Being A Successful Senior

Successful Senior

What does it mean to be a successful senior? For one thing, I hope you have gotten your finances in order. I hope you started young enough to have enough to live on right now at today’s prices. (Did you think about inflation?).

Successful seniors plan ahead for retirement. Earlier in life, they are in many different planning stages. As newlyweds, they plan to buy a house and furnish it, to have children, send them to school, and raise them well. In middle age, there is the run for the roses. They have to catch up if they did not put away enough in savings. They want to travel but it takes extra cash they may or may not have. As the approach old age (and it is a relative term these days), they better have not had all their eggs in one basket. If they thought their house was a great investment, think again. Prices have barely come back from the 2008 freefall. If they opted for mutual funds, they paid huge amounts of commission that lowered their return. If they left their money in the bank or money market funds, well they are in a sorry state of no profit.

So…the moral here is that successful seniors had it figured out long before they took that gold watch and said their corporate goodbyes. Money isn’t the answer to everything, but when you don’t have enough, it becomes the center of your life. If you were a conservative investor in your younger days, you probably did pretty well, as well as most others. You can’t get rich quick and you can’t earn more than the averages. It means taking risk and losing your valuable security blanket. But if you listened to advice and didn’t go in for stock trading or hedge funds, chances are you are all right. After all, in the long run, give or take a few years, the market has done pretty well. In addition, you now have a pension or a government program depending upon where you live. If you are successful, it means you are living well.

Statistics show that affluent people are really the middle class, not the rich. They are super affluent. If you can afford your life style and have a bit leftover for those odd expenses, you are affluent. If you feel secure that your retirement portfolio won’t run out of money if you live a few extra years, then you are affluent. It is a comfortable financial state and it sure beats the thousands upon thousands of people who are below the poverty line.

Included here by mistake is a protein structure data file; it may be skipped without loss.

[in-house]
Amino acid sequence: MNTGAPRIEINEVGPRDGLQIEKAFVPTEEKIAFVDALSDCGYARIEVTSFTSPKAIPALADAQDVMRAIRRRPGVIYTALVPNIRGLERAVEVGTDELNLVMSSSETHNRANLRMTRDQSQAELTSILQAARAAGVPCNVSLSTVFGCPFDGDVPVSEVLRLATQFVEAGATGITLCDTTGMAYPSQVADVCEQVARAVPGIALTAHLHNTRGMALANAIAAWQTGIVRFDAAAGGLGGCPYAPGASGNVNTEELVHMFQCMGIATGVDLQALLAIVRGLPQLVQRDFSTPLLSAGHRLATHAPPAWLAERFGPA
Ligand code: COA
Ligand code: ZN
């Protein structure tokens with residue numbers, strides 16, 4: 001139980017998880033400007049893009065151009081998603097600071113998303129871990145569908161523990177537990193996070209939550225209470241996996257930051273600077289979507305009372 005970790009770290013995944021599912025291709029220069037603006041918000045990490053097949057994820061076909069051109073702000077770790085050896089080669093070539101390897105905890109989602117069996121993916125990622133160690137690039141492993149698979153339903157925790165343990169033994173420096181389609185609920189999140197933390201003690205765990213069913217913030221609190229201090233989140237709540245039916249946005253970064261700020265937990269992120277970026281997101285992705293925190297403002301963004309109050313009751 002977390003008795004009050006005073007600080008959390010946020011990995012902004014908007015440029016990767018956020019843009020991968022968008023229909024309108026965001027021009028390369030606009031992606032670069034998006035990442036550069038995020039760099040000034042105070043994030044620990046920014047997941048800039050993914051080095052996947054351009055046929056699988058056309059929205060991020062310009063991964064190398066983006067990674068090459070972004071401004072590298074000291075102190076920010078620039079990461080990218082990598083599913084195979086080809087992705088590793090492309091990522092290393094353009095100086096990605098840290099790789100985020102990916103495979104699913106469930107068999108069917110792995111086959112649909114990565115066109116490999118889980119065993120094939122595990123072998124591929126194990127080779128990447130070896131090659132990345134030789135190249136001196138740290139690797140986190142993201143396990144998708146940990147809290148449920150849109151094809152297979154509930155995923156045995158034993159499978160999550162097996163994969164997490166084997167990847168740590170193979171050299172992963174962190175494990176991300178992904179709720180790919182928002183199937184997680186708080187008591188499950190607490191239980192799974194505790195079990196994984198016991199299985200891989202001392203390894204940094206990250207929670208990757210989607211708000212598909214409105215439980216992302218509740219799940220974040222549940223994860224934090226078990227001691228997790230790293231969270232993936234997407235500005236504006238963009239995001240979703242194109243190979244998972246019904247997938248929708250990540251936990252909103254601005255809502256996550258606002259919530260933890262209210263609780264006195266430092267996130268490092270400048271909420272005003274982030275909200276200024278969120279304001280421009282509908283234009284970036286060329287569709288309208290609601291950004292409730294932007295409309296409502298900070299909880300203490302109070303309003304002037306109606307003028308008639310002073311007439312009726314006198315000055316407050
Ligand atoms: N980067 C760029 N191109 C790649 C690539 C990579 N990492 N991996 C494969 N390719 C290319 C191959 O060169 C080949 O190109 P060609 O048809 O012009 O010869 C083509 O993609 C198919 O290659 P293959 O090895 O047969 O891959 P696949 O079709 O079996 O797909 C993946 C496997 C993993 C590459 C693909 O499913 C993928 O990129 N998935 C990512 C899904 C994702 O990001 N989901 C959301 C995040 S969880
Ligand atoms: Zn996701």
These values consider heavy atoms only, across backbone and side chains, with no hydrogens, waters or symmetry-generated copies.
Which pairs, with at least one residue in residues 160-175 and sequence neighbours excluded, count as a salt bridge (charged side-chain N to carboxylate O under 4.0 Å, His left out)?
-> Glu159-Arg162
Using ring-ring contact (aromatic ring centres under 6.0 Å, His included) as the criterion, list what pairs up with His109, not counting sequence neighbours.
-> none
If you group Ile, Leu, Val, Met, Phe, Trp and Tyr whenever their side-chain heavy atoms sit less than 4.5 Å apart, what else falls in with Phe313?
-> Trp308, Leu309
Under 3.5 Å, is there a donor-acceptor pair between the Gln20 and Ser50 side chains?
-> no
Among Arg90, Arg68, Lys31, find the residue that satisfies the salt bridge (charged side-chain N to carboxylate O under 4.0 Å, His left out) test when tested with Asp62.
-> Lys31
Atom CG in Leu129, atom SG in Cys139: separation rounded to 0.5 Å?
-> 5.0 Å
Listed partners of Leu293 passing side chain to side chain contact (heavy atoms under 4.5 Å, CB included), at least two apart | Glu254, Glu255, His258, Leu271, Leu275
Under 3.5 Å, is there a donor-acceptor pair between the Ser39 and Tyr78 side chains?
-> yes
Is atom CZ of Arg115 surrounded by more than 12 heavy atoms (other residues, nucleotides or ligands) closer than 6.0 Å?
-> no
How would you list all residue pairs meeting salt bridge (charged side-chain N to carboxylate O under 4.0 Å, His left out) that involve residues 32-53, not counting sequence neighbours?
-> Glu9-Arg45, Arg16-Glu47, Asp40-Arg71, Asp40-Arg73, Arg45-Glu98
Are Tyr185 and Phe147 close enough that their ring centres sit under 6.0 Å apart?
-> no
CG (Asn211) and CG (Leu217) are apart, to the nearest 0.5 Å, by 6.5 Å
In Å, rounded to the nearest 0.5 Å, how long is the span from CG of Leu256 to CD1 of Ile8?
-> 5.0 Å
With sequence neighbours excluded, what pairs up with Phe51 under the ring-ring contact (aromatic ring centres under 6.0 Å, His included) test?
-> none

Successful seniors have good family relationships and great friends. They say that this is what keeps you young at heart and helps you live longer. Loneliness is the companion of an early death. Seniors in homes, in spite of the stereotypes, enjoy companionship and conversation. If you get it at home, so much the better, as long as you get it.

Successful seniors eat well and are fit. They are not overweight or even obese. They do not have diabetes, heart disease, or cancer because they had regular checkups with their personal physician and took care of problems early on.

Successful seniors are mentally alert because they read often, do puzzles and games, and stimulate their minds. They attend plays, concerts, art gallery showings, and lectures. They want to learn new things and absorb new stimuli. They take classes to learn about current events or a new language. They make friends and discuss ideas and the news.

Successful seniors feel alive and they look forward to more years on this planet. Their glass is half full, not half empty. They are not depressed or forlorn. They are energetic and spry. They look young for their age and they are up to date on the latest technology. They can use a computer with the best of them.

Finally, a word has to be said about one’s spiritual life. Successful seniors enjoy a religious affiliation and it is not restricted to any particular type. They enjoy the communal experience it affords and the belief system that enriches their minds. They embrace what others think with an open mind while sticking with their own preference. They are willing to share what they know about the divine and its place in one’s life.

Grow Old Gracefully or Grow Old Gratefully

Grow Old Gratefully 2